As the amounts of money politicians have to spend becomes less and how those monies are spent are more scrutinized the control members of parliaments have on their constituencies have waned dramatically.
As their control waned, the [“Don”] became even more influential. To fill in the gap created by fewer slush dollars coming from the political bosses the Dons expanded their own illicit businesses, becoming more powerful and feared in the process.

Extortion. lotto-scamming. murder for hire. drug dealing. prostitution. human-trafficking. weapons trade and a whole slew of other crimes, local and transnational, became far more lucrative to the [Dons] further eroding the importance of the politicians.
As a result, the well documented political killings which came to critical mass during the 1980’s general election became a thing of the past.
No longer were the communities so heavily dependent on their party’s control of Jamaica House for their survival.

The movie SHOTTAS a terrific example of art imitating life.


Despite their newfound financial independence, the Dons still needed the politicians. They were still needed to run defense against the Police.
The movie “Shottas” depicted the aforementioned renaissance as the [Don Wayne] showed why he did not need the politician [missa Anderson].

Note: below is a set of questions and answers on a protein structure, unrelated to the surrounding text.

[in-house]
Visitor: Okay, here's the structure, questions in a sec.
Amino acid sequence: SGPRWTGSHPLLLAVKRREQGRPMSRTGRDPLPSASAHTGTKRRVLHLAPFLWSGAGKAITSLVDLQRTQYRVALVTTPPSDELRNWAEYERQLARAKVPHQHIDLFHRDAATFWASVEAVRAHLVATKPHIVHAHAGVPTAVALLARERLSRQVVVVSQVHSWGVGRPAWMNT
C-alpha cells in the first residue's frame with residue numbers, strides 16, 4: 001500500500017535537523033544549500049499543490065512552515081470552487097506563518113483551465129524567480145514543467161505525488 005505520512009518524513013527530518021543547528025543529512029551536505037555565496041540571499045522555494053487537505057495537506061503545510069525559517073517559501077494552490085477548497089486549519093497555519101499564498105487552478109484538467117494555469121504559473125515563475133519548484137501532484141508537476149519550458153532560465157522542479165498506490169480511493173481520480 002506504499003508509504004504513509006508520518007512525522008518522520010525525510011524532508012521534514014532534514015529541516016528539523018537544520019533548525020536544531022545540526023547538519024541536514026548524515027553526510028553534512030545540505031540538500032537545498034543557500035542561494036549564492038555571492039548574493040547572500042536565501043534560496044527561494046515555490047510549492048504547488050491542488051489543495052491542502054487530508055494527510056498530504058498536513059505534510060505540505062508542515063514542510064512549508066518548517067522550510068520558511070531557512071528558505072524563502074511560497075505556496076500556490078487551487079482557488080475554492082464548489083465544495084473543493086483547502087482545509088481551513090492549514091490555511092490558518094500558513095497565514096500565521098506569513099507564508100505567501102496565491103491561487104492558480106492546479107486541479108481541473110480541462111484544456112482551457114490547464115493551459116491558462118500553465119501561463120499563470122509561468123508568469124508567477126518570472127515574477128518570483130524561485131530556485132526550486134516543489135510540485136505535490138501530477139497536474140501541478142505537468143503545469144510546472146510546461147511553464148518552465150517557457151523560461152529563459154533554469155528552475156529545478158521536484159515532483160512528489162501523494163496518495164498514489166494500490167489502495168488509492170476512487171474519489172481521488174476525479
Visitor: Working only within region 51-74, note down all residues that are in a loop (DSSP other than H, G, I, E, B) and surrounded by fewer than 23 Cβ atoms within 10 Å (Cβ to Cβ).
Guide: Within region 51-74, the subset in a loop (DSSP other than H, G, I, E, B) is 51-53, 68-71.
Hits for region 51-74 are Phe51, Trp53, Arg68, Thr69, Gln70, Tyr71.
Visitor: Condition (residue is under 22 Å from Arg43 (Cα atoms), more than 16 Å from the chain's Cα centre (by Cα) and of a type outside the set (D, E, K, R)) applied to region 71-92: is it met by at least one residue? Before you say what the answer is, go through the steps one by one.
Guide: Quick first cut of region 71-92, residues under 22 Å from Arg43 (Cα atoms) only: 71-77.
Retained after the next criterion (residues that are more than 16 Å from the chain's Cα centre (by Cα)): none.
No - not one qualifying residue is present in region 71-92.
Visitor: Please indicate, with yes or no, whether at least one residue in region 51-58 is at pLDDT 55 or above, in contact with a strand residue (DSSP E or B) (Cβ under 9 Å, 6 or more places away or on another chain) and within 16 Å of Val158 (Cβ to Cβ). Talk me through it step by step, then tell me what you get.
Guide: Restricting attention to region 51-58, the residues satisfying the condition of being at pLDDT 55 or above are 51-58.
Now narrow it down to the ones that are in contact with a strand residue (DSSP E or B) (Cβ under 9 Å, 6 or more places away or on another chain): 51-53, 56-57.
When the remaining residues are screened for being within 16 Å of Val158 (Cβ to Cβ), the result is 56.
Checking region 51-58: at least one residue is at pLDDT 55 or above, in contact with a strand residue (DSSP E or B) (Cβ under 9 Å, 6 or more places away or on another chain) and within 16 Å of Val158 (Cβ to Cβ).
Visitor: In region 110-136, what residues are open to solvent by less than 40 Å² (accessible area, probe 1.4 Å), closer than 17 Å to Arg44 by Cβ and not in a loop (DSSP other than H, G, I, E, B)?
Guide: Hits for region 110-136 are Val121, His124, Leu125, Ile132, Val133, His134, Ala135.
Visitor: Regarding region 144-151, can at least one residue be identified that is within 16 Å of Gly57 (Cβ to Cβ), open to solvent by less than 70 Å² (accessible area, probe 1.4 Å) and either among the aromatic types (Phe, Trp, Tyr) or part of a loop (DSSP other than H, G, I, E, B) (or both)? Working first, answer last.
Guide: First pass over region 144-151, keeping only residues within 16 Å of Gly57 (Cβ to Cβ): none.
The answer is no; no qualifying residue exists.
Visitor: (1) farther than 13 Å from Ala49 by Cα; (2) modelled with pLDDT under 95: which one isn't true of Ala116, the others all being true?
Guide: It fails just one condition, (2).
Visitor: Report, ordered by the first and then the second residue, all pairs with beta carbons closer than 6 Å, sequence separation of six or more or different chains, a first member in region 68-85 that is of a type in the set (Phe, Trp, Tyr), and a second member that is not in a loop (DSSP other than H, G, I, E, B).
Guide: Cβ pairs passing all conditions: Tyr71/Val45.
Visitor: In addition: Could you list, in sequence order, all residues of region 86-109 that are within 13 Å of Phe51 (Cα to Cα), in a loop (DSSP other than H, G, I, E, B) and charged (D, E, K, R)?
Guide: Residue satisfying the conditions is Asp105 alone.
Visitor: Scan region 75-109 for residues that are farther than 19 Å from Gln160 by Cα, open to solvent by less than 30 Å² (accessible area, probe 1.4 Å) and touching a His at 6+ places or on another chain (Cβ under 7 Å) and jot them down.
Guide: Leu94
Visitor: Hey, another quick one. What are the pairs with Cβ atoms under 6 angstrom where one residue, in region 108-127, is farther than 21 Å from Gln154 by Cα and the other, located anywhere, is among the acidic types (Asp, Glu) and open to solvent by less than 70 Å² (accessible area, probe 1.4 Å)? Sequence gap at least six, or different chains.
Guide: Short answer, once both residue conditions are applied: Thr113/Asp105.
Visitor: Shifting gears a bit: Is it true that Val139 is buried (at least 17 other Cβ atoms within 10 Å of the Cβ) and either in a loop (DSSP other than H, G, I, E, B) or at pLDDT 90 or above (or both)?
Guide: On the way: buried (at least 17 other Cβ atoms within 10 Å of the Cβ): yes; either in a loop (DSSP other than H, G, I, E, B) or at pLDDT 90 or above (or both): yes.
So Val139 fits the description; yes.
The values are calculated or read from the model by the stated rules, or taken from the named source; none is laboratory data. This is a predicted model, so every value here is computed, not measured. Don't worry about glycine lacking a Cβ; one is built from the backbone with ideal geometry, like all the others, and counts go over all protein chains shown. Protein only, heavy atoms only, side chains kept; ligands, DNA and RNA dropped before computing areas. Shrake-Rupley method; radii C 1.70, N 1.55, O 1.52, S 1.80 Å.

In the final cut, [missa Anderson] was summarily exterminated by Wayne and his cohorts after he no longer served their interest.

The wealth and influence of the Ghetto underbosses became a tremendous lure to the youths. The Don has access to money, guns, they take what they want at the point of a gun. They have access to the women and girls they want, and they are revered.
The power the dons accumulate is enviable and worthy of emulation.
Why would youngsters in underserved communities want to go to school when they can have all of the perks [now] through the power their guns give them?

Everyone wants to be a Don and so the inevitable proliferation of gangs across the country was only a matter of time.